Disruption of bradycardia associated with discriminative conditioning in combat veterans with PTSD.Neuropsychiatr Dis Treat. 2008 Jun; 4(3):635-46.ND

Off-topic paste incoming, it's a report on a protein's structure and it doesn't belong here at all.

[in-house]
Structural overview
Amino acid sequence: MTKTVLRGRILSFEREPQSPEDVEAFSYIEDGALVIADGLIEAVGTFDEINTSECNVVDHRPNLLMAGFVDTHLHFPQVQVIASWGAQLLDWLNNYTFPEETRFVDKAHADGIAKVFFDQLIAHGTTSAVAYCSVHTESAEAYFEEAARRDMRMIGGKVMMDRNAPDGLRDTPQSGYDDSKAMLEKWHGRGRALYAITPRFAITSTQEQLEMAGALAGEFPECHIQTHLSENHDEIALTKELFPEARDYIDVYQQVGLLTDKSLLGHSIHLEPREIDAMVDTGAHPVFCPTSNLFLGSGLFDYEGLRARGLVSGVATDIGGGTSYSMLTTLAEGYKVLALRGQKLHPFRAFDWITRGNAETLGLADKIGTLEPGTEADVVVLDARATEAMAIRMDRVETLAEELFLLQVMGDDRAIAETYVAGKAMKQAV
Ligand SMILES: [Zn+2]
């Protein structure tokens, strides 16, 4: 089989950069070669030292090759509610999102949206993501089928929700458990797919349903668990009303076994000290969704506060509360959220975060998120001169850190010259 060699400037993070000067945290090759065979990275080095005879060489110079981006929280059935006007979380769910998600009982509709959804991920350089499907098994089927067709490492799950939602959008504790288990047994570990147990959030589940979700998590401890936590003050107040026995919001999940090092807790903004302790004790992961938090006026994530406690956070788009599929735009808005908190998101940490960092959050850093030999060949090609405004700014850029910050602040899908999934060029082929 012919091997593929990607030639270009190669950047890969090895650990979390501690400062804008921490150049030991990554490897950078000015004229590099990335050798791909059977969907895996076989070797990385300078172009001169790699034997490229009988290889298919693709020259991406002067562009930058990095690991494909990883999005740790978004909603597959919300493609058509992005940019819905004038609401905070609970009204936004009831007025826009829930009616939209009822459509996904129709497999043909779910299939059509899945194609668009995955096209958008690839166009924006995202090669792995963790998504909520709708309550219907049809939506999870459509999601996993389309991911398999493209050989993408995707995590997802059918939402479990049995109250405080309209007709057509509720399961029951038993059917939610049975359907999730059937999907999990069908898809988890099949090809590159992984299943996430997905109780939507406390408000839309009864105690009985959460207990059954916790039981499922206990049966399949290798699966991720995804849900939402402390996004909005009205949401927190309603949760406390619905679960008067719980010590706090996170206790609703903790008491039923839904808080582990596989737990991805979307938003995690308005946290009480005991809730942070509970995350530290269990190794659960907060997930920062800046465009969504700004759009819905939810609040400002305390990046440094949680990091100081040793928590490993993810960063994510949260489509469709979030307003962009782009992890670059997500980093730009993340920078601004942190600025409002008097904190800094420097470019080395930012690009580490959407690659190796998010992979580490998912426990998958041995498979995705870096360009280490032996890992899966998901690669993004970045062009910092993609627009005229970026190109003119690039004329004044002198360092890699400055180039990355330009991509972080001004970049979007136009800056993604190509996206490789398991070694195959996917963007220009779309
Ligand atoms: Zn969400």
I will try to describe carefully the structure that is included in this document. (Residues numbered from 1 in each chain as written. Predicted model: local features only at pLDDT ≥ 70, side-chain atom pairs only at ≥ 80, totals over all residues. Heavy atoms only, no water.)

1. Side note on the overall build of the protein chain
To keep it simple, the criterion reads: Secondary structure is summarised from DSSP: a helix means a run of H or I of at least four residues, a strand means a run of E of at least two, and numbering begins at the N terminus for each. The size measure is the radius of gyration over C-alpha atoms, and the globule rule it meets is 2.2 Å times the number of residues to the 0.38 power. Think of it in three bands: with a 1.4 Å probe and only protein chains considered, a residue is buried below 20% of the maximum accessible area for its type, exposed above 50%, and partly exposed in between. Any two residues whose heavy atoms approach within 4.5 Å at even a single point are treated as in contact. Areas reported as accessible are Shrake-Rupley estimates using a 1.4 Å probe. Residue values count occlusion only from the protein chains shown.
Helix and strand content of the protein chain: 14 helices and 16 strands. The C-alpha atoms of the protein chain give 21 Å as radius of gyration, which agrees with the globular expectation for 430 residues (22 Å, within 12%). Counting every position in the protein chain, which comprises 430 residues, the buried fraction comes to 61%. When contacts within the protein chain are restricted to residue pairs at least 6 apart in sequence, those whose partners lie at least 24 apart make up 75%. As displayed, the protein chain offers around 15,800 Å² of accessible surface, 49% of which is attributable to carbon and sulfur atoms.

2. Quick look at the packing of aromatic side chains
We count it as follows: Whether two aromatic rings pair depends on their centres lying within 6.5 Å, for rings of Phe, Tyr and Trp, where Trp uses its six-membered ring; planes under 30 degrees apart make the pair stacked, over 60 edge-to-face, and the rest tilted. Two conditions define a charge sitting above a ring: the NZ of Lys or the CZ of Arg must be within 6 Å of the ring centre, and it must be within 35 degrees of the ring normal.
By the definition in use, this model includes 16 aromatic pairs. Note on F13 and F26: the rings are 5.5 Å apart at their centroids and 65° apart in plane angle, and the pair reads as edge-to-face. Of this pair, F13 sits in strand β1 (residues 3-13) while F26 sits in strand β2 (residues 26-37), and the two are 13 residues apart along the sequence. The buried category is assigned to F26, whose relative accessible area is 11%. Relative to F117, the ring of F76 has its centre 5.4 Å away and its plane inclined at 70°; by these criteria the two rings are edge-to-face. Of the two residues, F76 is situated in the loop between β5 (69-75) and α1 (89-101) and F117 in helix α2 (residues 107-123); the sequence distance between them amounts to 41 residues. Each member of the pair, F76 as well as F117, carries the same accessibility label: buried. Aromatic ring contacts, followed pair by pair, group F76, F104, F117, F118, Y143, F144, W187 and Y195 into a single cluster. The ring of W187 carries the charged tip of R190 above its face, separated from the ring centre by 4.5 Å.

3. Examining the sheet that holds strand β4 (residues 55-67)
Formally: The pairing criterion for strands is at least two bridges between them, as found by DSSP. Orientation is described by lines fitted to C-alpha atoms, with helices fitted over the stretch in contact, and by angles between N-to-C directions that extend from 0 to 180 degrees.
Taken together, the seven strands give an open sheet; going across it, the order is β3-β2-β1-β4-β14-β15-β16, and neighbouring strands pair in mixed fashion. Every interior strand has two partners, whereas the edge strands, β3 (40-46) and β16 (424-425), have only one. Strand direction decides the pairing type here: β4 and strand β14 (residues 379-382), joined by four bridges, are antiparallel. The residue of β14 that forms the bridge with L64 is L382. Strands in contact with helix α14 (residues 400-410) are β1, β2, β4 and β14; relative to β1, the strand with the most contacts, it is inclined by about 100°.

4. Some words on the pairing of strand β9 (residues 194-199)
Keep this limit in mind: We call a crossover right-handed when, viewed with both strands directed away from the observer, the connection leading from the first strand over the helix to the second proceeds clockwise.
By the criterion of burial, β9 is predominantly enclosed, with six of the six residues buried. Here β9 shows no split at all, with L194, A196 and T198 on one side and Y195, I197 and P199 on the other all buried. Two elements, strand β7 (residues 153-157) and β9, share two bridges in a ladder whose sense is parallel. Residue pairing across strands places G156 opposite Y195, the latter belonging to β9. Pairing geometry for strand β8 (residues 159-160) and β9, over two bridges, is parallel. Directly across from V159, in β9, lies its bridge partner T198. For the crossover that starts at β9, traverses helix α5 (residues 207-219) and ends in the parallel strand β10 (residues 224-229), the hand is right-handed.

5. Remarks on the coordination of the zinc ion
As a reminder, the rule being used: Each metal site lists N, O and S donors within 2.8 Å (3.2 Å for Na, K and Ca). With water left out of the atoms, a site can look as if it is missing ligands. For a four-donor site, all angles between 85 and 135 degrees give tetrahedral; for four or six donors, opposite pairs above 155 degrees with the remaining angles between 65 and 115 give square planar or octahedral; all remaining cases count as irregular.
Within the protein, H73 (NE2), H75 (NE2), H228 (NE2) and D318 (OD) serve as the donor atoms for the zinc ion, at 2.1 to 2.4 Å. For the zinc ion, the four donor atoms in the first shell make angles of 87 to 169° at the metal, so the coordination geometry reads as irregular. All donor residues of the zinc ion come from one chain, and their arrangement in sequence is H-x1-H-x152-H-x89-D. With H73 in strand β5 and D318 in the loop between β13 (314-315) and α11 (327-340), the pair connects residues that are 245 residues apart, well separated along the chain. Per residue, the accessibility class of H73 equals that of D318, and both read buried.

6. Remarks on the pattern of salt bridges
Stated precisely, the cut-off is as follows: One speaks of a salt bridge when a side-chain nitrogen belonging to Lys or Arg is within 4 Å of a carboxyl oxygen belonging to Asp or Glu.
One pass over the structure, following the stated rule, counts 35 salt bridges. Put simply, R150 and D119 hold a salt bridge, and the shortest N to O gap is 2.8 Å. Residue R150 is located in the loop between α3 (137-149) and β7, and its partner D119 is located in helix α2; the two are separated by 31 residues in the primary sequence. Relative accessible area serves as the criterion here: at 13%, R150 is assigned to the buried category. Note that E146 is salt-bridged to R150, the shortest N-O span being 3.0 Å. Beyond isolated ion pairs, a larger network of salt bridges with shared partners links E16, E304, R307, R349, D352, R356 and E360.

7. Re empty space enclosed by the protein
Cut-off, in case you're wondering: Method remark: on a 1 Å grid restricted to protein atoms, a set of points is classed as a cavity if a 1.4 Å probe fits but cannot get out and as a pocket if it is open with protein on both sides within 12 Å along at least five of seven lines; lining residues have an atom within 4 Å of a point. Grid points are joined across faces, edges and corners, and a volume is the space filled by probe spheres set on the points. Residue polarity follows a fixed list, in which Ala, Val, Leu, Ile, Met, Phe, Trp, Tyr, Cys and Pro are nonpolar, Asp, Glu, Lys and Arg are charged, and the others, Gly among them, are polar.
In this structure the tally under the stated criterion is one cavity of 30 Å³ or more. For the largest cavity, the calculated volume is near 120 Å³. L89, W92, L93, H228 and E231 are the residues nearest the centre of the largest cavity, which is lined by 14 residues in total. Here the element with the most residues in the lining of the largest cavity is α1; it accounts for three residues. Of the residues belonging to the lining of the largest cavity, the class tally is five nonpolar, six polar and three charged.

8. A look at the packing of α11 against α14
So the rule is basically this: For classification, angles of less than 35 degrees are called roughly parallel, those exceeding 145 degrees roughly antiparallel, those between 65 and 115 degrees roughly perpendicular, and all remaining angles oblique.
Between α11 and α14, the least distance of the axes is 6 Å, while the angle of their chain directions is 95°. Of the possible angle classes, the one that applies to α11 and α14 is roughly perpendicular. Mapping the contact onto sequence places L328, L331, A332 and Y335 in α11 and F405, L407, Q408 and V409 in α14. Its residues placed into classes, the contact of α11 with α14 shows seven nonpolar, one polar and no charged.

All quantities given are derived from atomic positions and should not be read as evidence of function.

The effects of combat-related posttraumatic stress disorder (PTSD) on heart rate (HR) responding associated with a discriminative delay eyeblink (EB) conditioning paradigm are reported. Combat PTSD+, Combat PTSD-, and Noncombat PTSD- veterans were assessed with psychometric self-report measures, and baseline heart rate variability (HRV) was measured before receiving a 72-trial session of discriminative EB classical conditioning. Two types (red or green light) of conditioned stimuli (CS) were used: one (CS+) predicted a tone, followed immediately by an aversive stimulus (corneal airpuff); the other (CS-) predicted a tone alone, not followed by the airpuff. The light signal was presented for 5 seconds, during which HR was measured. On all psychometric measures, the PTSD+ subgroup was significantly different from the PTSD- subgroups (Combat + Noncombat), and the PTSD- subgroups did not significantly differ from each other. A linear deceleration in HR to CS+ and CS- signals was found in the combined PTSD- subgroup and on CS- trials in the PTSD+ subgroup, but was not present on CS+ trials in the PTSD+ subgroup. Results are interpreted with respect to a behavioral stages model of conditioned bradycardia and in terms of neural substrates which are both critical to HR conditioning and known to be abnormal in PTSD.